It must have been about June when Linda called. “Do you know a good B2B writer?”, she asked. I did but not one I was willing to hand over to Linda’s nasty content factory. A few weeks later it was Alex with this observation: “Every decent writer in this city is either on maternity leave or hates me.” Not true. Linda has at least some of them locked in a closet. Even at last week’s CMA event, the talk at the table was how hard it is to get agencies to write anything more profound (or much longer) than a toothpaste disclaimer.
It would appear that the demand for content has finally outstripped the supply of designers and writers required to produce it. Which brings me to the third reason I think most B2B content is never used by sales: it sucks.
We all know that content isn’t a new tool for B2B marketers. We’ve been cranking it out for years. But when our Corporate Overlords stopped clapping on about Return on Marketing and discovered content, things got out of hand. Suddenly, corporate marketing departments lost control of the means of production (sorry, Karl).
Suddenly, we couldn’t spend an entire quarter carefully constructing, honing and decorating a white paper. Our days of lavish production values on corporate videos ended in a Songified mush of video for its own sake. Insightful research has been reduced to poorly illustrated placemats, where vaguely connected factoids are presented along side clever line drawings of cement mixers and sea sponges.
This is the result not of a sudden lowering of standards, but of a critical lack of talent when it comes to content creation. Once upon a time, corporate marketing departments were chock full of people who knew how to write things and other people who knew how to make them pretty.
Somewhere along the line, we outsourced that stuff to agencies and filled our marketing departments with demand generation pit bosses and brand evangelists who filled in briefs and managed agencies.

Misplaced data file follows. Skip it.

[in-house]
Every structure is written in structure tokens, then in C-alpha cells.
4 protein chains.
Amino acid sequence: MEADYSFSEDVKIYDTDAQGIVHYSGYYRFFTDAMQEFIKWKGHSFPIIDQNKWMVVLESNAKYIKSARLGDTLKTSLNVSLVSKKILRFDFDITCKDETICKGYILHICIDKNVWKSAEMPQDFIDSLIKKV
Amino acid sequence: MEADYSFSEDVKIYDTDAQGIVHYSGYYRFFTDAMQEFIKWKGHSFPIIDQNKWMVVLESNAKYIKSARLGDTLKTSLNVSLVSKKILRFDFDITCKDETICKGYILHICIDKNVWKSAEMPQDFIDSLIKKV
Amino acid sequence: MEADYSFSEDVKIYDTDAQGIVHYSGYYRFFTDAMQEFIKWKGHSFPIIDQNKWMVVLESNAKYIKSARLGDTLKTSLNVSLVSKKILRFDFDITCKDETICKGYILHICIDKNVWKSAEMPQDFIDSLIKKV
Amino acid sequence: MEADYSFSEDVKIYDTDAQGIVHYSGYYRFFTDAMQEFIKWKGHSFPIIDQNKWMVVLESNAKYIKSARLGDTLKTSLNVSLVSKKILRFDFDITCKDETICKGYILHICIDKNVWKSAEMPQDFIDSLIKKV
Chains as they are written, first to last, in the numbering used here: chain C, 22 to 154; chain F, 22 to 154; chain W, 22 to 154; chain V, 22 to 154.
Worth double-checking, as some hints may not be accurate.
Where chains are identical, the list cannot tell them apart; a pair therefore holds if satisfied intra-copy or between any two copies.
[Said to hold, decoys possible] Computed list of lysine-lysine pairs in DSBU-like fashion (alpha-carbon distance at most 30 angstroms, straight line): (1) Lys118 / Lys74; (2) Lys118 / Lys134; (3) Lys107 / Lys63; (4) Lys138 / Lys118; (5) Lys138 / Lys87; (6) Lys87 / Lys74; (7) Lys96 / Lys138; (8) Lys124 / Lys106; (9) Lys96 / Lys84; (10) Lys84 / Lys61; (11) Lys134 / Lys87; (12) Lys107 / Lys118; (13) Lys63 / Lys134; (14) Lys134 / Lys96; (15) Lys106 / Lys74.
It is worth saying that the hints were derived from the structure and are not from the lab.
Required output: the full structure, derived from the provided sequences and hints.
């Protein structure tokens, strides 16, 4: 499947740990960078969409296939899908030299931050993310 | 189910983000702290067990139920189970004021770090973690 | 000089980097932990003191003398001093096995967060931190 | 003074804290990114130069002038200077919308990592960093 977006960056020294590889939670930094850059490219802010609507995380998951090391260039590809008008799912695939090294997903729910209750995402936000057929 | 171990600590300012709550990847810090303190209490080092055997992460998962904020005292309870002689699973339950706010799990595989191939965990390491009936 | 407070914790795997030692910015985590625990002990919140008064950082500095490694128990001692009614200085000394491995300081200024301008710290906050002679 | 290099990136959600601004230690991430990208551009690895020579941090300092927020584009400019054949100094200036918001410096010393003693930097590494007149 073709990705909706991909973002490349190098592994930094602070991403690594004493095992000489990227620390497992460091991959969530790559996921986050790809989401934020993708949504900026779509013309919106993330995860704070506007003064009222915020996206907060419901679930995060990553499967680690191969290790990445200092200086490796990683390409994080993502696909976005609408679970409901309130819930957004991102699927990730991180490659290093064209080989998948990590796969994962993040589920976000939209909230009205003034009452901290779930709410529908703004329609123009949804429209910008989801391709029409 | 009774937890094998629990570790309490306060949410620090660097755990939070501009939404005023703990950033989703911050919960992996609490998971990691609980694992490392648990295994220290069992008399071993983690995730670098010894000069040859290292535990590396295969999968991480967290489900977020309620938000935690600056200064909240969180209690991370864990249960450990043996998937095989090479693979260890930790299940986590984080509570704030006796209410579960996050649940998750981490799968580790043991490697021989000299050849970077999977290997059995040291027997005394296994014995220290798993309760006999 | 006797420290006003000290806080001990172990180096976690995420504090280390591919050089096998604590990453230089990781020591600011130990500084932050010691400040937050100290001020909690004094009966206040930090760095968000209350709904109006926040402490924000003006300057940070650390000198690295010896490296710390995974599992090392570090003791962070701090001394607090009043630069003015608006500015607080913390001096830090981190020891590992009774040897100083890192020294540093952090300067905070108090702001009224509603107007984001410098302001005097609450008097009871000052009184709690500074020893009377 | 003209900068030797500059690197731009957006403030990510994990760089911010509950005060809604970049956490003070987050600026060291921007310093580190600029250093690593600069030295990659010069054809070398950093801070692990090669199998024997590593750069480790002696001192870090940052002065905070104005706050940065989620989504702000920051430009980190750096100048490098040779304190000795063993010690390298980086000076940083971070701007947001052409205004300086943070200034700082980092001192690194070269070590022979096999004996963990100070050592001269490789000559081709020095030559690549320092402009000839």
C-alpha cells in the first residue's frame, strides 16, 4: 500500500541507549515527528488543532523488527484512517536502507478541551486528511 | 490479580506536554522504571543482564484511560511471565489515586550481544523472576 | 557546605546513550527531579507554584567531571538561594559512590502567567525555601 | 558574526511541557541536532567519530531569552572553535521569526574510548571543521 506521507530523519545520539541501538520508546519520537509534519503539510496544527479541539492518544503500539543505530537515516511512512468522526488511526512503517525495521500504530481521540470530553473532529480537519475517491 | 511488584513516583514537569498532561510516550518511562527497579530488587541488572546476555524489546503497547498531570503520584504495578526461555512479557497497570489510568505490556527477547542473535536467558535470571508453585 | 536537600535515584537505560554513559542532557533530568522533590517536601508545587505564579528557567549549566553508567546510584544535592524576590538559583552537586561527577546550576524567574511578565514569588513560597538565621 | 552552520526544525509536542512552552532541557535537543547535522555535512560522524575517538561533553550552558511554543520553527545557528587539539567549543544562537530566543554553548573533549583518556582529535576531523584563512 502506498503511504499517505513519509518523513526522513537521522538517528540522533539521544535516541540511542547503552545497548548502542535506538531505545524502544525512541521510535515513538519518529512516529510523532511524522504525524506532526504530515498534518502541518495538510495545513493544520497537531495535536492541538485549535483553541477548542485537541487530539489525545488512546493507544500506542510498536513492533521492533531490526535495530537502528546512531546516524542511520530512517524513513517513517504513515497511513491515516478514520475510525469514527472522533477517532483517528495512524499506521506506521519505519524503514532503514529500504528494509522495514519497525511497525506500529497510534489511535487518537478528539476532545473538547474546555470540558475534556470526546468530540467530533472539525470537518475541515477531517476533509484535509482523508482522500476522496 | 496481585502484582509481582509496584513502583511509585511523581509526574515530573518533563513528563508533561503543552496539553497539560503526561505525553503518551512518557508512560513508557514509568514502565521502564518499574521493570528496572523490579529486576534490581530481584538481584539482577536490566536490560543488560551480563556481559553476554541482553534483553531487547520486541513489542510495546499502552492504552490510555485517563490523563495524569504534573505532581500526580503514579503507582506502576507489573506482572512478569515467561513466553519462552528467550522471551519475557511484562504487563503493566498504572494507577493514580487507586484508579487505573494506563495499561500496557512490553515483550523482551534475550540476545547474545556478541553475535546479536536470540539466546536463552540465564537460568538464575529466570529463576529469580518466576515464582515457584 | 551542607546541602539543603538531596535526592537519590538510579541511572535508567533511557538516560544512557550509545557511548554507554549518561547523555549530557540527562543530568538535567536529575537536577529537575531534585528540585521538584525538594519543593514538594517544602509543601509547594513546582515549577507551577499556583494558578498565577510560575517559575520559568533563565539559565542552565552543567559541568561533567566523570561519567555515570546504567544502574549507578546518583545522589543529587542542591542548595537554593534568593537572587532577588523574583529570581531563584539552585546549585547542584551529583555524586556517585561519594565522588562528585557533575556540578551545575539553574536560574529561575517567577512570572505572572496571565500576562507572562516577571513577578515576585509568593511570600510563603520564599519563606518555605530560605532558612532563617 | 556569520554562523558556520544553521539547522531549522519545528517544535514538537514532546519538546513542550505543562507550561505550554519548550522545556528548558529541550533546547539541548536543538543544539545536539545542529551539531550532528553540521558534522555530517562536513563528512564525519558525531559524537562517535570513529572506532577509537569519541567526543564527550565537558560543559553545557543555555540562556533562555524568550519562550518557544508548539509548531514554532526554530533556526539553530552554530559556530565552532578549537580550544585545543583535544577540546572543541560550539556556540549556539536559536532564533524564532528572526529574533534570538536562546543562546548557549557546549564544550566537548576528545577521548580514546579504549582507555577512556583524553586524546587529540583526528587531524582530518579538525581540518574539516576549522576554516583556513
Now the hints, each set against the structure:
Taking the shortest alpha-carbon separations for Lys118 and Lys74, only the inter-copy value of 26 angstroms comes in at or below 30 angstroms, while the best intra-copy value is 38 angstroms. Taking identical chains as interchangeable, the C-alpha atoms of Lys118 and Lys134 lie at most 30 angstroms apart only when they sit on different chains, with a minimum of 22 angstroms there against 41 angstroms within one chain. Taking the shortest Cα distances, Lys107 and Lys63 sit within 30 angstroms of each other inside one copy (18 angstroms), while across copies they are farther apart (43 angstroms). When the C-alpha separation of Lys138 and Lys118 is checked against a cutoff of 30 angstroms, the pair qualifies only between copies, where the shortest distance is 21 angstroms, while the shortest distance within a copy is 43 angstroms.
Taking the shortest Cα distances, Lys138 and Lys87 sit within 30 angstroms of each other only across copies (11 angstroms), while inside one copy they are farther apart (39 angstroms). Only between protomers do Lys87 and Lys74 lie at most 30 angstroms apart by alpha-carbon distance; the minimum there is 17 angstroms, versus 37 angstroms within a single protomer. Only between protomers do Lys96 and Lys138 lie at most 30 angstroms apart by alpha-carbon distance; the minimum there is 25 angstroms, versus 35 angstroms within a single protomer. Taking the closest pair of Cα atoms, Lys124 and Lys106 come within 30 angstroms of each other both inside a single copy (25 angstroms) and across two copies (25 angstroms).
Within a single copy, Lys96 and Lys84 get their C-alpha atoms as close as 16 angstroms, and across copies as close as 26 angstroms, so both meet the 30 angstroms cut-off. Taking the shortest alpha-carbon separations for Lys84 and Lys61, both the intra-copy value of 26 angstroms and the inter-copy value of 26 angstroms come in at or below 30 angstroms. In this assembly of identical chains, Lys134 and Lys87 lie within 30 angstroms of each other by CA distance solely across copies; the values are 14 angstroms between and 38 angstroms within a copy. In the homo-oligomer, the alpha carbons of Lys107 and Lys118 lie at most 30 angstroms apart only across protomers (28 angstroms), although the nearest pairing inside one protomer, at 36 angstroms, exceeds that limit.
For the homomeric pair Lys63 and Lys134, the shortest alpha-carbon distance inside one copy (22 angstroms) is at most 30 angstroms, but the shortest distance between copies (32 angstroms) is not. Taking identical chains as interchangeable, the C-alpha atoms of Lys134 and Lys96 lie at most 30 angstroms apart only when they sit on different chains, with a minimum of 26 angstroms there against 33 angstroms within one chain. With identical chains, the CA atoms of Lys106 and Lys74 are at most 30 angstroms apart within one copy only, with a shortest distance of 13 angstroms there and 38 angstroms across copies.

Agencies, for their part, were a bit bewildered about the new deliverables. Their writers and designers are the kind who know how to create pretty campaigns and buy media on commission. One look at most agency blogs will reveal they haven’t got the slightest idea how to produce meaningful content that anybody wants to read, let alone use as an inducement to buy something.
Heck, we don’t even need to look at agency sites. A quick tour through your inbox will reveal countless links to stale, incomprehensible and just plain bad content. Blogs that haven’t been updated in months, Slideshare sales pitches, webinars featuring interviews with company spokespeople and tired, terrible newsletters with data of dubious provenance. Content, mind you, that someone paid to have created, spent time reviewing, waved in front of a lawyer or an executive, and, yet that nobody thought was a bad idea to publish.
Is it any wonder that sales won’t use it? Does that even matter in a time when marketers are rewarded for word counts and not lead counts?
Where did the competent content creators go? They went freelance. They went to work in magazines, and a few stuck around in marketing. The problem is, about the time we started removing vowels from our words, we also stopped hiring people who could create content, and we stopped nurturing people who wanted to create content.
Perversely, even in the face of a shortage of content creators, we seem to think it should be priced liked a packet of ramen noodles, instead of the difficult, skilled trade that it is.
If we want to build our houses of content, (I don’t think we do) then we need to figure out how to pay for it. I promise the talent will follow the money and we will once again have content our sales people will use.
Is Content Marketing Killing Sales?
Hook, Line & Whitepaper: Why Content Marketing Needs to Know Its Place
Why You Need to Stop Publishing Your Newsletter
Helpful Hints for The Clydesdales of B2B Content